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Local Hazards

  • By: Mohanty Manoranjan
  • In: Encyclopedia of Disaster Relief
  • Edited by: K. Bradley Penuel & Matt Statler
  • Subject:Public Health (general), Public Policy (general)

Local hazards can result from natural and human-made factors, or a combination of both. Broadly, there are two types of natural local hazards. Climate and weather-related local hazards are called hydrometeorological hazards: cyclones, hurricanes, typhoons, and tornadoes; sea surges, tidal wave, flood (river and coastal), and flash flood; drought and heat/cold waves; thunderstorms and lightening; dust and hail storms; blizzards and fog; and avalanche, landslide, or mudslide. Earth movement-related hazards are called geological hazards: earthquakes, tsunamis, landslides, and volcanic eruption. Some hydrometeorological local hazards have been attributed to global warming and climate change, and more controversially, to human-induced processes such as greenhouse gas emissions. These hazards are considered human induced natural phenomena.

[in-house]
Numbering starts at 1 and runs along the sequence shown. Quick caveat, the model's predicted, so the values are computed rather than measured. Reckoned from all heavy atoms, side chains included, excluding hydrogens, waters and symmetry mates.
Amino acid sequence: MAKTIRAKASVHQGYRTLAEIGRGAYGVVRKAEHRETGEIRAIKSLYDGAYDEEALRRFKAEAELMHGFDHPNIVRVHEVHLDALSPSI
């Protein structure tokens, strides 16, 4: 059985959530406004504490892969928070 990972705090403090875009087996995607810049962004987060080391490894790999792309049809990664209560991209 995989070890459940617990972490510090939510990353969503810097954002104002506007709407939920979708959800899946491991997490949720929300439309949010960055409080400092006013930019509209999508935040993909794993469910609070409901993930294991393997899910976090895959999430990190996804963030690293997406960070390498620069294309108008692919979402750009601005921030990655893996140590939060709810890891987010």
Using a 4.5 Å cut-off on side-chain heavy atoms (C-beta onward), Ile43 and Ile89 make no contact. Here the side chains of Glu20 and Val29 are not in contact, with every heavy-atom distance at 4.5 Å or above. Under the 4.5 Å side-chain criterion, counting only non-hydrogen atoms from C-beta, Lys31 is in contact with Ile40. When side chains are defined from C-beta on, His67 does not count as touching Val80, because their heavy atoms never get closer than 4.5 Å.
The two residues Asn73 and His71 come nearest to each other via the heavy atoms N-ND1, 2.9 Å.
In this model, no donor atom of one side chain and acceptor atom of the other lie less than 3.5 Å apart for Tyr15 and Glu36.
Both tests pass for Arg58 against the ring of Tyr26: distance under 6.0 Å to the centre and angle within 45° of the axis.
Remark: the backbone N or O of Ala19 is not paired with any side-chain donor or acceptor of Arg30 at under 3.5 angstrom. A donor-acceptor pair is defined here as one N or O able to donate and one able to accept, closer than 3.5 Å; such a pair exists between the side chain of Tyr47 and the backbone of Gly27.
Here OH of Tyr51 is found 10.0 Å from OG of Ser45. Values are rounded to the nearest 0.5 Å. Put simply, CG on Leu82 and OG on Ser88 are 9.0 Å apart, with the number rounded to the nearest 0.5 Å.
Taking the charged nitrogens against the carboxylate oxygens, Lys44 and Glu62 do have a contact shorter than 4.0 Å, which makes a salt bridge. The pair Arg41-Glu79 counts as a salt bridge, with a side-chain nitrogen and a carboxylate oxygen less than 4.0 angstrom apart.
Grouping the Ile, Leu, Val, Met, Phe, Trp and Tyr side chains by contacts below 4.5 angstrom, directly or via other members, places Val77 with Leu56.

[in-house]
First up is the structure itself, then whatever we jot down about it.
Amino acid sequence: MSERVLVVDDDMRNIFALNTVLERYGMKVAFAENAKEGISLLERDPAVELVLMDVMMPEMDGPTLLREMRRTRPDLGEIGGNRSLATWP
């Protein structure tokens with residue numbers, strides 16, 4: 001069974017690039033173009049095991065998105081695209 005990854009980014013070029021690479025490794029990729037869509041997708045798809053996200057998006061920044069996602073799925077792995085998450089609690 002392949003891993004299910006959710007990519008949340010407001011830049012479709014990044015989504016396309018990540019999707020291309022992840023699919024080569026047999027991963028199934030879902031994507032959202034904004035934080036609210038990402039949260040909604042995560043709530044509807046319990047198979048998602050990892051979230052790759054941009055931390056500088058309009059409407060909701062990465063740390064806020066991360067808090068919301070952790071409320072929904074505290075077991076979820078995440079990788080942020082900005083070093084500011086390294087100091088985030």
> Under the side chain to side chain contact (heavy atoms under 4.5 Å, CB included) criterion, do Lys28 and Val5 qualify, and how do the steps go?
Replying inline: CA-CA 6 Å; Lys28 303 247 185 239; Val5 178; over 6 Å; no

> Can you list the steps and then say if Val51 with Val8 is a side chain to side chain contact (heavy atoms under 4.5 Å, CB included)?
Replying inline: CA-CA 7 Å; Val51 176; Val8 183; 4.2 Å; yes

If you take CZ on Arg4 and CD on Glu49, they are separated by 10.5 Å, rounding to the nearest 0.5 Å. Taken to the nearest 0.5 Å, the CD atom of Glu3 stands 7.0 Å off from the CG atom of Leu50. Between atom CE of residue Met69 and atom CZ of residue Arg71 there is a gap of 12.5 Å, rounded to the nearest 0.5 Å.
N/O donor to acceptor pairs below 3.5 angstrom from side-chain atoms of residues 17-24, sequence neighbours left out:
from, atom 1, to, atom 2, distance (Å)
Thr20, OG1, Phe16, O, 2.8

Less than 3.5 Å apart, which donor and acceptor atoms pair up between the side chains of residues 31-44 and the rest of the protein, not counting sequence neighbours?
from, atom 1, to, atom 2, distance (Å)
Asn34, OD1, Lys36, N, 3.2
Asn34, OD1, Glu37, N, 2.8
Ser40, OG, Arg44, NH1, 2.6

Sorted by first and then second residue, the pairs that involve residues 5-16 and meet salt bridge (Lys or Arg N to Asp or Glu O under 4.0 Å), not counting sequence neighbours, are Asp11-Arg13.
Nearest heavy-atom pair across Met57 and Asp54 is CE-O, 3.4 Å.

In contrast to natural local hazards, human-made local hazards can include technological hazards such ...

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